Current topics

2011 Deadly Awards: Outstanding Achievement in Aboriginal and Torres Strait Islander Health

Posted on: 3 October, 2011
Issue: Vol 11 No 4, October 2011 – December 2011
Related to Health services Workforce Aboriginal and Torres Strait Islander Health Workers

The 17th Deadly Awards were held at the Sydney Opera House on the 27 September, recognising outstanding Aboriginal and Torres Strait Islander achievements in sport, the arts, music and health.

The Outstanding Achievement in Aboriginal and Torres Strait Islander Health Award

NPY Women’s Council Aboriginal Corporation

The Outstanding Achievement in Aboriginal and Torres Strait Islander Health Award was given to Ngaanyatjarra Pitjantjatjara Yankunytjatjata (NPY) Women’s Council Aboriginal Corporation from Alice Springs for their No safe amount – the effects of alcohol in pregnancy program.

The NPY Women‘s Council is an Aboriginal, community-controlled organisation dedicated to improving the health and wellbeing of approximately 6000 Anangu men, women, and children living in the Central Australian region. No safe amount – the effects of alcohol in pregnancy is an early intervention and prevention campaign designed to raise awareness of the harmful and permanent effects on the unborn child of using alcohol during pregnancy, particularly awareness of Foetal Alcohol Spectrum Disorders (FASD). This is achieved through an educational/advertising campaign and DVD resource using a combination of media including animation and live action. The campaign was developed in partnership with young people in the remote Aboriginal Community of Imanpa, including script development, pre- and post-production and casting.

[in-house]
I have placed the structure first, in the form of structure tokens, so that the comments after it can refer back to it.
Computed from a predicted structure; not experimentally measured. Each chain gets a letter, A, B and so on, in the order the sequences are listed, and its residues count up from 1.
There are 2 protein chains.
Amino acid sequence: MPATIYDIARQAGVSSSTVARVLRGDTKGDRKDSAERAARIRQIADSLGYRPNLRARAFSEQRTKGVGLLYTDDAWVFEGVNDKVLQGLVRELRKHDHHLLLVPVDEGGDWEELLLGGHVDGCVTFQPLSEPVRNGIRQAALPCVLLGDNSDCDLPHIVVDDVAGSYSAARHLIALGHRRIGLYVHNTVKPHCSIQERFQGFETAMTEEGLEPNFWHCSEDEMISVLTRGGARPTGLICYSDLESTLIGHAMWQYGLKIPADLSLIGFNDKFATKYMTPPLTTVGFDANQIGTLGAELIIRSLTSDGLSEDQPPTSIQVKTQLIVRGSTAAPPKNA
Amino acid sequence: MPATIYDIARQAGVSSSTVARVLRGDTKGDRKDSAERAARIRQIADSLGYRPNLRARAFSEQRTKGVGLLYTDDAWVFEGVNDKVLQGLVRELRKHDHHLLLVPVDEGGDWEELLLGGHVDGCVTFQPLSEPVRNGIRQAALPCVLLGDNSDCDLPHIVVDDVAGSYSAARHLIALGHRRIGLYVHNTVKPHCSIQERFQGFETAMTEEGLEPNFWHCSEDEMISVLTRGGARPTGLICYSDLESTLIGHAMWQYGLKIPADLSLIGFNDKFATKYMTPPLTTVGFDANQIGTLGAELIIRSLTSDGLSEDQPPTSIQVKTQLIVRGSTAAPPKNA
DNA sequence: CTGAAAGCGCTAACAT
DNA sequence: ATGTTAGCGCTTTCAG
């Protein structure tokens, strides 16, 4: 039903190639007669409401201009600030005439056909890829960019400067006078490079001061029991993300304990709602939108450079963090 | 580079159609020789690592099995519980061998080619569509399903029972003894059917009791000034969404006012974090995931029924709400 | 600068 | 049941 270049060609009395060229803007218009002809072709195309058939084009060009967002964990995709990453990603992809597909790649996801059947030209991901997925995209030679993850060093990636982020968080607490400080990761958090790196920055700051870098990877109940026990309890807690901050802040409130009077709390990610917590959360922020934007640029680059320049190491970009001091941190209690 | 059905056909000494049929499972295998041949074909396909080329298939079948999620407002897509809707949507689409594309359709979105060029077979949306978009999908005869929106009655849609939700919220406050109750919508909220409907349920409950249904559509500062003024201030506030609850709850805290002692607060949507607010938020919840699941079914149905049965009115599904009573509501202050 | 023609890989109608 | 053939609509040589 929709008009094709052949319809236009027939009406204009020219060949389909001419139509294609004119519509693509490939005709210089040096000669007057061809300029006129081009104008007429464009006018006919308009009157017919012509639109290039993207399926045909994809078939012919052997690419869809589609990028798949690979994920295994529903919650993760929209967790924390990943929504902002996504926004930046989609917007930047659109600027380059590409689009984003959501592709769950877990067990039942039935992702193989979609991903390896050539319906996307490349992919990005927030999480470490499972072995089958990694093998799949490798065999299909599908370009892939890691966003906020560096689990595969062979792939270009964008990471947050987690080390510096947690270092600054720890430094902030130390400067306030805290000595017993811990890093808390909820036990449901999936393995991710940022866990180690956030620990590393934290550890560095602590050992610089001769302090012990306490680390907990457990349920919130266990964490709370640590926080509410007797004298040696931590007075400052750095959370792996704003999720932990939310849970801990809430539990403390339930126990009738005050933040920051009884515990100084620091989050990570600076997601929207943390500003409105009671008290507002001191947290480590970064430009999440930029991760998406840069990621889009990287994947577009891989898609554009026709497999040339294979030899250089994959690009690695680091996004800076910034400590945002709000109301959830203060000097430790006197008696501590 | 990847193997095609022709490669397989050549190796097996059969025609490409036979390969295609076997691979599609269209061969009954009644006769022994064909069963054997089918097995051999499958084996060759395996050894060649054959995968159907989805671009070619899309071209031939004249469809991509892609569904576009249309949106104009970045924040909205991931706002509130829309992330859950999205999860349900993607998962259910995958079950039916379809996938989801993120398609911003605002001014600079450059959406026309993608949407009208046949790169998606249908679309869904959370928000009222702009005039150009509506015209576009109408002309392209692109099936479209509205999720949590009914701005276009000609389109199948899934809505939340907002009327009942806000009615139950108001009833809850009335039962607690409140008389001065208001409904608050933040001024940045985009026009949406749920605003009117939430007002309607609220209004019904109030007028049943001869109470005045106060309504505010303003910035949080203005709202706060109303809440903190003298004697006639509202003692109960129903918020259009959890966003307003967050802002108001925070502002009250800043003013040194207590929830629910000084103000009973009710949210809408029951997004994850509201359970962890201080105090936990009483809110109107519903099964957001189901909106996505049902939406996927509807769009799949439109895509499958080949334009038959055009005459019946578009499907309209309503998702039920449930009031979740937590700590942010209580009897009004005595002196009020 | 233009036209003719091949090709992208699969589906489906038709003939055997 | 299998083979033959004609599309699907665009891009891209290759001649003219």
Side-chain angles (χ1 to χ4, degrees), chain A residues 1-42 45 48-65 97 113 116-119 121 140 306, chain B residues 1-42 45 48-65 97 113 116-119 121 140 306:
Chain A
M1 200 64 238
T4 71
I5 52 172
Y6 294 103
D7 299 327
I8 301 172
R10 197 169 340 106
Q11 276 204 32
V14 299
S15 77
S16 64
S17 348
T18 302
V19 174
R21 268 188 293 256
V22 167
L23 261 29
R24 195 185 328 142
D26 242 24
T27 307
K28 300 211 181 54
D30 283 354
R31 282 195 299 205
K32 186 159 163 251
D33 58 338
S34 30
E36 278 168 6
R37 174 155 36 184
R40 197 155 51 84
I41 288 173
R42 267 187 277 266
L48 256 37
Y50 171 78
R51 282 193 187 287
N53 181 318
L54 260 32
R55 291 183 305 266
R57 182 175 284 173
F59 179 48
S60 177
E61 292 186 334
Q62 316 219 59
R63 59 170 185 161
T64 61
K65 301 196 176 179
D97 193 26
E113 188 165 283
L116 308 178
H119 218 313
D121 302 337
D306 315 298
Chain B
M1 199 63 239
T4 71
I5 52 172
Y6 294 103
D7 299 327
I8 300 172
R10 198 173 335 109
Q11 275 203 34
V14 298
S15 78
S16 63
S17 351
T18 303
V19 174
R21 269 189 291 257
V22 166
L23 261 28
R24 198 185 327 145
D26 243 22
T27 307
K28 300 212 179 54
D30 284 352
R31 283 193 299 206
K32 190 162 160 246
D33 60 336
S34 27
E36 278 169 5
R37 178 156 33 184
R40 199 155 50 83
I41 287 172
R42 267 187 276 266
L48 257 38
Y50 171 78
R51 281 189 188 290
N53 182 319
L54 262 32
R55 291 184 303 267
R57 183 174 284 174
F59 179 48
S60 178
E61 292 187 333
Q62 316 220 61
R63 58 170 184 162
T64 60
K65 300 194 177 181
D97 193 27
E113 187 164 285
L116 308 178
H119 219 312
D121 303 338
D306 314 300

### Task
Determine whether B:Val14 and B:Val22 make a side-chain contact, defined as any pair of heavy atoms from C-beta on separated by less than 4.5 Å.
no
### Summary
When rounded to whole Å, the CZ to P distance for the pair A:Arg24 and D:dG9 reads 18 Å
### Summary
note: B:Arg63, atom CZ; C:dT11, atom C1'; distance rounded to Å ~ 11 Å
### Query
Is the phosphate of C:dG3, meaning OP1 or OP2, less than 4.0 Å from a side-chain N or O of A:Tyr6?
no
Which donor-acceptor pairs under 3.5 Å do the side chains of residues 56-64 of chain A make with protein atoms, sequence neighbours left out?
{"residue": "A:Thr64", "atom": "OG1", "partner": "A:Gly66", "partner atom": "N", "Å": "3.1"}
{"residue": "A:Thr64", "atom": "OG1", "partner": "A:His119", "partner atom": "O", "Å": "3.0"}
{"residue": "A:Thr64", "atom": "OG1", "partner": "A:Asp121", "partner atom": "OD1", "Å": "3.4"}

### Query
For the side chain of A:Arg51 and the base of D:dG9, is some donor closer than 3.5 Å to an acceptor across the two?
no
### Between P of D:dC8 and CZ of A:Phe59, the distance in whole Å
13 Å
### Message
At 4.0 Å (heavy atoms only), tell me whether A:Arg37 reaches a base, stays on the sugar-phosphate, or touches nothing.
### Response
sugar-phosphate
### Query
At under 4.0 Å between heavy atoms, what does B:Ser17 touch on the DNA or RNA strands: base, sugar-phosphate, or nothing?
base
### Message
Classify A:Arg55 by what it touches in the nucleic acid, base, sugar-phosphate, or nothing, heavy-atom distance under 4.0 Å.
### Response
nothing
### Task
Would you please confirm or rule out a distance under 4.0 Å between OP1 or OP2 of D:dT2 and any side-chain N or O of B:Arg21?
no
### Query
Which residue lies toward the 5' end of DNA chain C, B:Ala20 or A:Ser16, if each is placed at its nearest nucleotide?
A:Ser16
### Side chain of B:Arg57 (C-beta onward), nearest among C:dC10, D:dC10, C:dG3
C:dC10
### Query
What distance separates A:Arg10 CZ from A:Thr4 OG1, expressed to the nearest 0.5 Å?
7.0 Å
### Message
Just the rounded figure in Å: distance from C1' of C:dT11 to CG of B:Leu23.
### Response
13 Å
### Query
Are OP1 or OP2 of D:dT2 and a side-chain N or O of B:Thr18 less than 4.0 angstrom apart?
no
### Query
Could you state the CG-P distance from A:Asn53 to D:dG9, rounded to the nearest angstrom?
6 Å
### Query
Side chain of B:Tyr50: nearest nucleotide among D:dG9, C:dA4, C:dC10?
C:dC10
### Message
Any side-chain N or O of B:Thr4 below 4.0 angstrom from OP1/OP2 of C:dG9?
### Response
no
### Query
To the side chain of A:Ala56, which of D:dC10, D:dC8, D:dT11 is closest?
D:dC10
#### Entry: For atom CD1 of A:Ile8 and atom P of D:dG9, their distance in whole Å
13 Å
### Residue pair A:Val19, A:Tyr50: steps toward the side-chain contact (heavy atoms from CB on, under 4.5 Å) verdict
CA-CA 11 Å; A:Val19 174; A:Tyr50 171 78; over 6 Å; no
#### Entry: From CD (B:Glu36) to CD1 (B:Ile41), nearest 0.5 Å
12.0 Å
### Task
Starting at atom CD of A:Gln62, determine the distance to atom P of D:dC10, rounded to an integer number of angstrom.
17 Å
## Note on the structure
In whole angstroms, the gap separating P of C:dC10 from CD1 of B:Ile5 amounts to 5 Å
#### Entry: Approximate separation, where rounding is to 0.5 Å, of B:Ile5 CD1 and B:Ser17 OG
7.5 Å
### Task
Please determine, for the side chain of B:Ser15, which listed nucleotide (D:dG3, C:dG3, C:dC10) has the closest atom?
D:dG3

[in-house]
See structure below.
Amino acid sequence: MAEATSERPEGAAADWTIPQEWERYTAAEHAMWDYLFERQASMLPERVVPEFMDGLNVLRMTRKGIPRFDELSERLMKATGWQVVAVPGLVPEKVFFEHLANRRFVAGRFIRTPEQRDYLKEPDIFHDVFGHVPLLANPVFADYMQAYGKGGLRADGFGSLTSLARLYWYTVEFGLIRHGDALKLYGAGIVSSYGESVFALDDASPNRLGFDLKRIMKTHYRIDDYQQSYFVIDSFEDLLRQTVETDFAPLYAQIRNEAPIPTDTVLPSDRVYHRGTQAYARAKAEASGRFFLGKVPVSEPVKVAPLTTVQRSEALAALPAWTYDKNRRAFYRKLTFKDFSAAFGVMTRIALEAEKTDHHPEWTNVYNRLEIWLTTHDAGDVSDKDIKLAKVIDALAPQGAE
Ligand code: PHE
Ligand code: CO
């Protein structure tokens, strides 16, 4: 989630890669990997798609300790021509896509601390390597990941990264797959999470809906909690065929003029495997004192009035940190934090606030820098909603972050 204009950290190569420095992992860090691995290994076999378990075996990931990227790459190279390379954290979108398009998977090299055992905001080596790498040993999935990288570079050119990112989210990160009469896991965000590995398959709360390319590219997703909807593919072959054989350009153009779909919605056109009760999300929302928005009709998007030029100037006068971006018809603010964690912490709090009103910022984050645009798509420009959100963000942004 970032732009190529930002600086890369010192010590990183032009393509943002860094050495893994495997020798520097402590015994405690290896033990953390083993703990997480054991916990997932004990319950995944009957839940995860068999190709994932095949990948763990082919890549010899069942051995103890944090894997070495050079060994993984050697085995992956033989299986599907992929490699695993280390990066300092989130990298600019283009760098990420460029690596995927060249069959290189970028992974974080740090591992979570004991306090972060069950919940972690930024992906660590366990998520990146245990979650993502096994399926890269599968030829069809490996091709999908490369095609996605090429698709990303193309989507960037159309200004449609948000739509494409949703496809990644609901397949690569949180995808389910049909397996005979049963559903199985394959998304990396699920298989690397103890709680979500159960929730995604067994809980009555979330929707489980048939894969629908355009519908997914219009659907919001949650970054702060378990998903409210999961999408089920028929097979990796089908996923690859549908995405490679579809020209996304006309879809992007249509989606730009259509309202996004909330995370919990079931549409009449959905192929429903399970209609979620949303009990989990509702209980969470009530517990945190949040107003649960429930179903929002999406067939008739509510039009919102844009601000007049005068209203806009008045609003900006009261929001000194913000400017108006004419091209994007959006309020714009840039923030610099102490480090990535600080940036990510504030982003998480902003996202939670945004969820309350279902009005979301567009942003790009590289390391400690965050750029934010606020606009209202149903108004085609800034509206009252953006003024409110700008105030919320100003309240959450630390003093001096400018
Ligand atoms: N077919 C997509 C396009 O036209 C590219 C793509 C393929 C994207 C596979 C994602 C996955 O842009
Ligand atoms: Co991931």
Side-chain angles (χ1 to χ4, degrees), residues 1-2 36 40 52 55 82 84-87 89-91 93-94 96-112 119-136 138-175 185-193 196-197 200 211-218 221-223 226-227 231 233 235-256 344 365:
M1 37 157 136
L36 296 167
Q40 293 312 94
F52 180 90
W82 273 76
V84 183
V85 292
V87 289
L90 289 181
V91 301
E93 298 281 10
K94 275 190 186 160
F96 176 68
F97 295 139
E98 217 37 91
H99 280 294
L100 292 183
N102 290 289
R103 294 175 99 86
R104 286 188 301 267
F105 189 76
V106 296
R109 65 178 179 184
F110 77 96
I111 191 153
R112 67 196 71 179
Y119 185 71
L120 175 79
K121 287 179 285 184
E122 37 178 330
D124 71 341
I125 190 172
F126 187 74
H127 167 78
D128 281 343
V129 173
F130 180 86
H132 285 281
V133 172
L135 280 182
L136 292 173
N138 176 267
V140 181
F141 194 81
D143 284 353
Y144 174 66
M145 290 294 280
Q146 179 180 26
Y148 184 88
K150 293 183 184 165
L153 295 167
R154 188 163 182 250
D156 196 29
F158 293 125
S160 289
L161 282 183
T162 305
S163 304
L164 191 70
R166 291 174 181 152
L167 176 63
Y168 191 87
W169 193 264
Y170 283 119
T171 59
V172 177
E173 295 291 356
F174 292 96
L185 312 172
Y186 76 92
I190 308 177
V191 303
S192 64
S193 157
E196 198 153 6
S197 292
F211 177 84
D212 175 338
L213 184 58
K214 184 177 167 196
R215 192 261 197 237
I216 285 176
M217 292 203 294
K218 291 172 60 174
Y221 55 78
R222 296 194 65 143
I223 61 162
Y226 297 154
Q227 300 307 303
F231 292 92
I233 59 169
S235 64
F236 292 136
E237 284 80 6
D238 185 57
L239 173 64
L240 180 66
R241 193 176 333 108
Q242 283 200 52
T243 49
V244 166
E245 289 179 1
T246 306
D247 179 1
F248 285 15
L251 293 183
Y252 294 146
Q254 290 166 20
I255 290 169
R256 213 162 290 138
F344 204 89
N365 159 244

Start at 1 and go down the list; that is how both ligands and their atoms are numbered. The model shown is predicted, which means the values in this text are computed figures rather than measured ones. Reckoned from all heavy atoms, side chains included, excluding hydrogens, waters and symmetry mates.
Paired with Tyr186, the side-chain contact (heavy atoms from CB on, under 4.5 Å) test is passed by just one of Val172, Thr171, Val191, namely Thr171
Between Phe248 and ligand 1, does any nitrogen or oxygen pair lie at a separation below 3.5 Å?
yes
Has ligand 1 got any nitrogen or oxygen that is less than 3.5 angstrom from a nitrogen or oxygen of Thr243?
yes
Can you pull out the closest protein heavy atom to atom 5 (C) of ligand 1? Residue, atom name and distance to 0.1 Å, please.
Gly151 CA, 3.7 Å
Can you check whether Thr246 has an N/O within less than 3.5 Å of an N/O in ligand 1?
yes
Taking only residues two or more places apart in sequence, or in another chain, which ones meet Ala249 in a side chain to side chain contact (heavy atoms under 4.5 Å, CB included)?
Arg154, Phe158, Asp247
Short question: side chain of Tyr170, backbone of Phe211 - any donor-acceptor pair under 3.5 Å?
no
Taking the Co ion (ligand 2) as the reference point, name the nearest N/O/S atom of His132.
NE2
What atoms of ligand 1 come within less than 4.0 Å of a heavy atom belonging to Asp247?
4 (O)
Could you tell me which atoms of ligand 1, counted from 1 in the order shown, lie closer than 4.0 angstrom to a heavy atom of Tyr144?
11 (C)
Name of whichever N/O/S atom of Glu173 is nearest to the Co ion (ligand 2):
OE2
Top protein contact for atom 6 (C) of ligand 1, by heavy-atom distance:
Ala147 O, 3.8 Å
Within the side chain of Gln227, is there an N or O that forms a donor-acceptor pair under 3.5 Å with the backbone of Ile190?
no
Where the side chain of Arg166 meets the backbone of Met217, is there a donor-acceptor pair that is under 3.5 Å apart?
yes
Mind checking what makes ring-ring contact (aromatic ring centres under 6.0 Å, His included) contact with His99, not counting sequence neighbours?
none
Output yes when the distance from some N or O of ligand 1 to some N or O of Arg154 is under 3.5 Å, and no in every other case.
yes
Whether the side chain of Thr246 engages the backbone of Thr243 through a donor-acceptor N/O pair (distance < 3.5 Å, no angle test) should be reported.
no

Health Worker of the Year

Muriel Jaragba

The Aboriginal and Torres Strait Islander Health Worker of the Year was given to Muriel Jaragba, an Aboriginal Mental Health Worker who has been at the forefront of Aboriginal mental health for over a decade.

Muriel Jaragba is an Anindilyakwa woman, who lives and works with her people on Groote Eylandt in Arnhem Land, NT. Fluent in three Aboriginal languages, Muriel helps many clients and their families across several communities and is highly knowledgeable in both traditional Aboriginal healing and Western approaches to address mental health problems. Muriel has contributed to the wider Aboriginal society through her significant research work with close collaborator Dr Kylie Lee on mental health and substance use. She has also been involved in developing suitable programs to help cannabis users, families, the wider community and other groups across the country. Her achievements have been nationally recognised with her ground breaking substance use and mental health research efforts earning a finalist nomination in the research category at the 2010 National Drug and Alcohol Awards. Muriel‘s outstanding achievements, in the difficult area of mental health and drug and alcohol issues, have contributed greatly to enhancing the health and wellbeing of many people across various Aboriginal communities.

  • Contact details:
    • Vibe Australia, 28 Burton St, Darlinghurst, NSW 2010, ph: (02) 9361 0140
scroll to the top